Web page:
Thursday, May 1, 2008

Folding@Home: Johnny Molecular Biologist!

This afternoon I was having an IM conversation with someone about the Sony Playstation 3 - and after extolling a few of the system virtues, I off-handedly remarked that the real reason I bought it was that I like to cure cancer... which, of course, got the ??? in the IM window.

In a nutshell, here's the deal - if you're 900 years old like I am, you'll remember when SETI@Home was all the rage. (Ok, I'm being a dick. With 3Million users, SETI@Home is still all the rage.) In the mid-90's, a group of plucky astronomers at Berkeley realized that their distributed network funding required to complete the massively parallel channel search for signals from extraterrestrials wasn't going to come through, no matter how many Carl Sagan-inspired movies starring Jodie Foster appeared... however, all those new fangled 386's on those brand new cable modems were just sitting there downloading porn. Surely, there must be some better way of utilizing all of those spare cycles out in the world that didn't actually annoy the wife.

Installed as a screen saver on Windows boxes, SETI@Home was the first, true distributed computing application that made use of the real power of the internet: in very poetic turn, all of the people who were making use of the internet (which was created out of the ashes of DARPAnet, USEnet and EDUnet) to buy books from Amazon and pretend they are Brad Pitt in chat rooms, could now give back to the world by donating spare cycles on their computers in a massive cooperation effort to search for intelligent life beyond the earth.

Flash forward to 2000, and Prof. Vijay Pande at Stanford was having the same trouble: how to fund a computing effort that consumed massive quanitities of CPU cycles on a limited budget to crack the simulation of kinetics and thermodynamics of proteins and nucleic acids? The problem was this: Pande, and other molecular biologists, knew the sequences of atoms required to construct a protein if placed in the wrong order could contribute to amyloid-related illnesses such as Alzheimer's Disease. If they could change the protein back to the correct order, it would go far to helping cure the disease. But without a roadmap, molecular biologists have no idea how to change the sequencing to get a proper structure out of the protein. (It's a bit like knowing the pile of lego blocks scattered on the floor infront of you forms a race car, but the only way you have to put the car together is to try to assemble the blocks without a pattern.)

This act of bending and twisting and playing with the individual atoms of a protein molecule (a process called "folding") is a required "next step" to being able to predict the structure of the molecule. Fundamentally, understanding the process of protein folding — how biological molecules assemble themselves into a functional state — is one of the outstanding problems of molecular biology. Unfortunately, the myrad ways that a the atoms of a protein molecule can be arranged is legion.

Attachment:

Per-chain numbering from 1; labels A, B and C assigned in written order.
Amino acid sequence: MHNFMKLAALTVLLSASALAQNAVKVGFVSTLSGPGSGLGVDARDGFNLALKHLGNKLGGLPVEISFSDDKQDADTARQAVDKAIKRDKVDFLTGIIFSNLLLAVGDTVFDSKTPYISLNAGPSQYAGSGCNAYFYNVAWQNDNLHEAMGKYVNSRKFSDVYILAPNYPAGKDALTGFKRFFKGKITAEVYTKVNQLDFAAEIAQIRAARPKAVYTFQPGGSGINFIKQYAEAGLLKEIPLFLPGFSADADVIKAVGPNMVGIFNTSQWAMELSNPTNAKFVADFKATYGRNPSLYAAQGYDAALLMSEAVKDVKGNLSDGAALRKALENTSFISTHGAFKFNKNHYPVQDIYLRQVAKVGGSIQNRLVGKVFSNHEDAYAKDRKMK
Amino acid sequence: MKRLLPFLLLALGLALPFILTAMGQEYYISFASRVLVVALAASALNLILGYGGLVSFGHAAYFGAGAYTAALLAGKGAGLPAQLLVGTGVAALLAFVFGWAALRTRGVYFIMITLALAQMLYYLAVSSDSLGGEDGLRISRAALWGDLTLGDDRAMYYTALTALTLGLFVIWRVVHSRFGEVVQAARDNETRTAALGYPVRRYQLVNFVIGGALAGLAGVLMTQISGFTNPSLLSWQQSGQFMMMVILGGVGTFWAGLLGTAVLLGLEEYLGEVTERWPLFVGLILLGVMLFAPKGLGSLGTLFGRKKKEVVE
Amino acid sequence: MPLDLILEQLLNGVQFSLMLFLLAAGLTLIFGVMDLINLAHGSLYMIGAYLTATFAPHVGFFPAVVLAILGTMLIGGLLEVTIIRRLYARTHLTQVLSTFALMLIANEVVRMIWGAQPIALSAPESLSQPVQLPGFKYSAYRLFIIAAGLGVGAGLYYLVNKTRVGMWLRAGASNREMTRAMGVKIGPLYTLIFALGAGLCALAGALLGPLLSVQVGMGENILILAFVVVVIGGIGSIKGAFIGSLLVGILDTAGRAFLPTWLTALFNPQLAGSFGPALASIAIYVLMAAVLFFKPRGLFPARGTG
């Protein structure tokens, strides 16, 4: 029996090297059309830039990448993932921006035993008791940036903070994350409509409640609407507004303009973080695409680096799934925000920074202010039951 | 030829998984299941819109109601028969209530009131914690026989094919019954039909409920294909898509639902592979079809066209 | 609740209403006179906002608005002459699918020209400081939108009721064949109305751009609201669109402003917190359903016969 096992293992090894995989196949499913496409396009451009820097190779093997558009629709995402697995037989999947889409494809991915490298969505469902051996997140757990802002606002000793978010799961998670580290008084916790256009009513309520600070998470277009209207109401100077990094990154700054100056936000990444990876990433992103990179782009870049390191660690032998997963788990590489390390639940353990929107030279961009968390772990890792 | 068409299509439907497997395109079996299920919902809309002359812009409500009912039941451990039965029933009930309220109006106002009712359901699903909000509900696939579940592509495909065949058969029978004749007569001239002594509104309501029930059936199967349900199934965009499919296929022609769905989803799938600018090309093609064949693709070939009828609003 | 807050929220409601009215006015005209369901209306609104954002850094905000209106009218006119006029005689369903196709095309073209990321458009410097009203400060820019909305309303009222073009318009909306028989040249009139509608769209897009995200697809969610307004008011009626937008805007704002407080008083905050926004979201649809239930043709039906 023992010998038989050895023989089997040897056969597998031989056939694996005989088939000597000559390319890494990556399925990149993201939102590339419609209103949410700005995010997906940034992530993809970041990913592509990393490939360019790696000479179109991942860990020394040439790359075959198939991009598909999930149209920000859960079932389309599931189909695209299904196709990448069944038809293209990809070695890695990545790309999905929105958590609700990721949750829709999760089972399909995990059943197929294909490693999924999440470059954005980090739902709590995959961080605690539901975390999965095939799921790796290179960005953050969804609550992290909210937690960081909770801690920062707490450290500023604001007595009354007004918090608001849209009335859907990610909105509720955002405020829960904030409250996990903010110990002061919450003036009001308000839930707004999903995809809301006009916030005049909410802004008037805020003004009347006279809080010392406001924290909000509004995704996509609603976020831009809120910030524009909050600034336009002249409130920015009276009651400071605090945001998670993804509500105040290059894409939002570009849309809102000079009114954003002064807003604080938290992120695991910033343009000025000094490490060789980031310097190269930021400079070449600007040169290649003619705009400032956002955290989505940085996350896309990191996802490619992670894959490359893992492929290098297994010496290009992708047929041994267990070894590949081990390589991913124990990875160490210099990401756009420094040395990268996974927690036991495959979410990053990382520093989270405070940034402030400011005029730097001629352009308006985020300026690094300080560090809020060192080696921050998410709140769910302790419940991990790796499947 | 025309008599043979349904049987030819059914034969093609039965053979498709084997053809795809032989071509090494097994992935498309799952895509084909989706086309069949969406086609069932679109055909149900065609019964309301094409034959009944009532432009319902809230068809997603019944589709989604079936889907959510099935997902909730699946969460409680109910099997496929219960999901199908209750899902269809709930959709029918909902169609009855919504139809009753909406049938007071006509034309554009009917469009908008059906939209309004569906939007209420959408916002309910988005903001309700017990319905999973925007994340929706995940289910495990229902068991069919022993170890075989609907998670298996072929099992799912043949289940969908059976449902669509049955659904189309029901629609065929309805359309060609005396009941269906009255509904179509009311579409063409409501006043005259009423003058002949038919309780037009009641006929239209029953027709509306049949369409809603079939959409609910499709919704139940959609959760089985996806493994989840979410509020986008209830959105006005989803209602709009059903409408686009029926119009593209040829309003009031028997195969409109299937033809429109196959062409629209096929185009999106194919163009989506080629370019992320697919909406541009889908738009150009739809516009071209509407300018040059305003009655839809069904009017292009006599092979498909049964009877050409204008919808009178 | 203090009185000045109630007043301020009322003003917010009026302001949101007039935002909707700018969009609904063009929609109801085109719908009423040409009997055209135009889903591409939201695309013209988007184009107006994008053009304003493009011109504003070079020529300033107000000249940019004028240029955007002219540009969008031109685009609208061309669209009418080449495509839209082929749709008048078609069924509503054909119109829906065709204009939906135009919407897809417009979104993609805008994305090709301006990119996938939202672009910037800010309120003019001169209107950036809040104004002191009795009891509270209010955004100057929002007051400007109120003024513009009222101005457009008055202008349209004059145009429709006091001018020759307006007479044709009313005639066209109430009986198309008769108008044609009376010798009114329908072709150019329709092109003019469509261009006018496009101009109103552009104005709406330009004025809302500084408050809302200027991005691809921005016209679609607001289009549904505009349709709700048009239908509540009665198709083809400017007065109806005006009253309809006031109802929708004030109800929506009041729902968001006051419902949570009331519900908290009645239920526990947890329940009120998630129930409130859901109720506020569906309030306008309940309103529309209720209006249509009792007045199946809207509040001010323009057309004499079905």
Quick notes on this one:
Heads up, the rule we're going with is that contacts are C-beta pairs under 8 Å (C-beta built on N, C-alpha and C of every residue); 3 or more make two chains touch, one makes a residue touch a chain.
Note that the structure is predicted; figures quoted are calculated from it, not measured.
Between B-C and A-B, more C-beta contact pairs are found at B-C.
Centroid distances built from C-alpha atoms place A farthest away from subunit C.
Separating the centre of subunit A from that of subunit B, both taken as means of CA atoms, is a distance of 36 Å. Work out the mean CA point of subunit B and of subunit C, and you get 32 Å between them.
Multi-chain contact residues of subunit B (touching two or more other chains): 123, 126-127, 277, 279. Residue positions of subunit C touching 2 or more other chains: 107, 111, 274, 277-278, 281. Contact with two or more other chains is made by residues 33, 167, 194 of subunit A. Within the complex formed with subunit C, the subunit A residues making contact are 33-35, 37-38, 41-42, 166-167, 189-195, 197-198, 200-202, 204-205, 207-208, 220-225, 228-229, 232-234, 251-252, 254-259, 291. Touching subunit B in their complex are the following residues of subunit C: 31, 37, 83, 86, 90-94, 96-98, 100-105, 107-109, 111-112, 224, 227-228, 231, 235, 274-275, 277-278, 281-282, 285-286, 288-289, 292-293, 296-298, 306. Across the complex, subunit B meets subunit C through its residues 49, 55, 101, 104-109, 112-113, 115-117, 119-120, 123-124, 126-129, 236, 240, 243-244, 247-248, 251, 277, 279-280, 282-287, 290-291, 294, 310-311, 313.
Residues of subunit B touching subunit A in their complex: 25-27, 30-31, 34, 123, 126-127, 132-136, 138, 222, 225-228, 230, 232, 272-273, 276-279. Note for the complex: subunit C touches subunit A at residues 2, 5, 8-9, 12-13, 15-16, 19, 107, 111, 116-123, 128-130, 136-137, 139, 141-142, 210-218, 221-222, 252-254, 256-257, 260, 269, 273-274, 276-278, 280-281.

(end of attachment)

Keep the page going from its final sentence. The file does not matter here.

Professor Pande, taking a cue from the extraterrestial hunters on the other side of San Francisco, created Folding@Home in 2000, which - also installed as a screen saver - used the untapped power of idle home PCs to brute force the folding problem: literally trying every possible combination of atomic sequencing in a protein molecule to see what works.
On September 16, 2007, the Folding@Home project officially attained a performance level higher than one petaFLOPS, becoming the first computing system of any kind to hit that kind of peak performance. (Uh, a petaFLOP is 1,000 TeraFlops...and, uh, a TeraFlop is 1,000 MegaFlops...which

However, it wasn't enough - there was still far more work to do...

...enter the First Person Shooter crowd. With rapid advances in GPU (Graphic Processing Unit) and CPU (Central Processing Unit) speeds, modern gaming consoles like Microsoft's XBox 360 and Sony's Playstation 3 have power to burn: the sustained speed of a PS3 at full tilt is 30,191MFlops. Pande and crew began to salivate. Most gamers only use their machines several hours a week, the rest of the time the machine remain idle or off.

Pande's group (Uh, really. His homies are now officially known as the Pande Group inside Stanford) approached Sony and struck a deal - the Sony Entertainment group would slap a user interface on the project worthy of the PS3 interface, the application couild be downloaded from the Sony Marketplace and installed by the user (sort of a forced "opt in"), and the user was free to run the app in the background when the system would otherwise be idle. There is a cost to the user for this, of course - the GPU and CPU would be always working, which chews up a bit more of the home electric bill. In the end, however, a typical user feels good about the project, Sony looks like an altrusitic uncle, and Pande gets to fold and unfold his proteins until the cows come home...which is good, because bovine spongiform encephalopathy (uh, mad cow disease) is one of the nuts that can be cracked by protein folding.

Below is a 5 minute video where I walk through the current version of Folding@Home on the Sony PS3.

Oh, by the way - the Folding@Home computing cluser, since going Ps3 in 2007 and hitting 1 million users in Febuary of 2008 - currently operates above 1 Petaflop at all times. That's a lot of Grand Theft Auto, kids.

As promised, here's the links of interest:

Vijay Pande's Folding@Home blog
Berkeley's SETI@Home blog
Wikipedia's explanation of the protein folding problem

Image at top of posting courtesy of
Peter G. Wolynes,
Department of Chemistry & Biochemistry, University of California - San Diego

Protein Folding Explained

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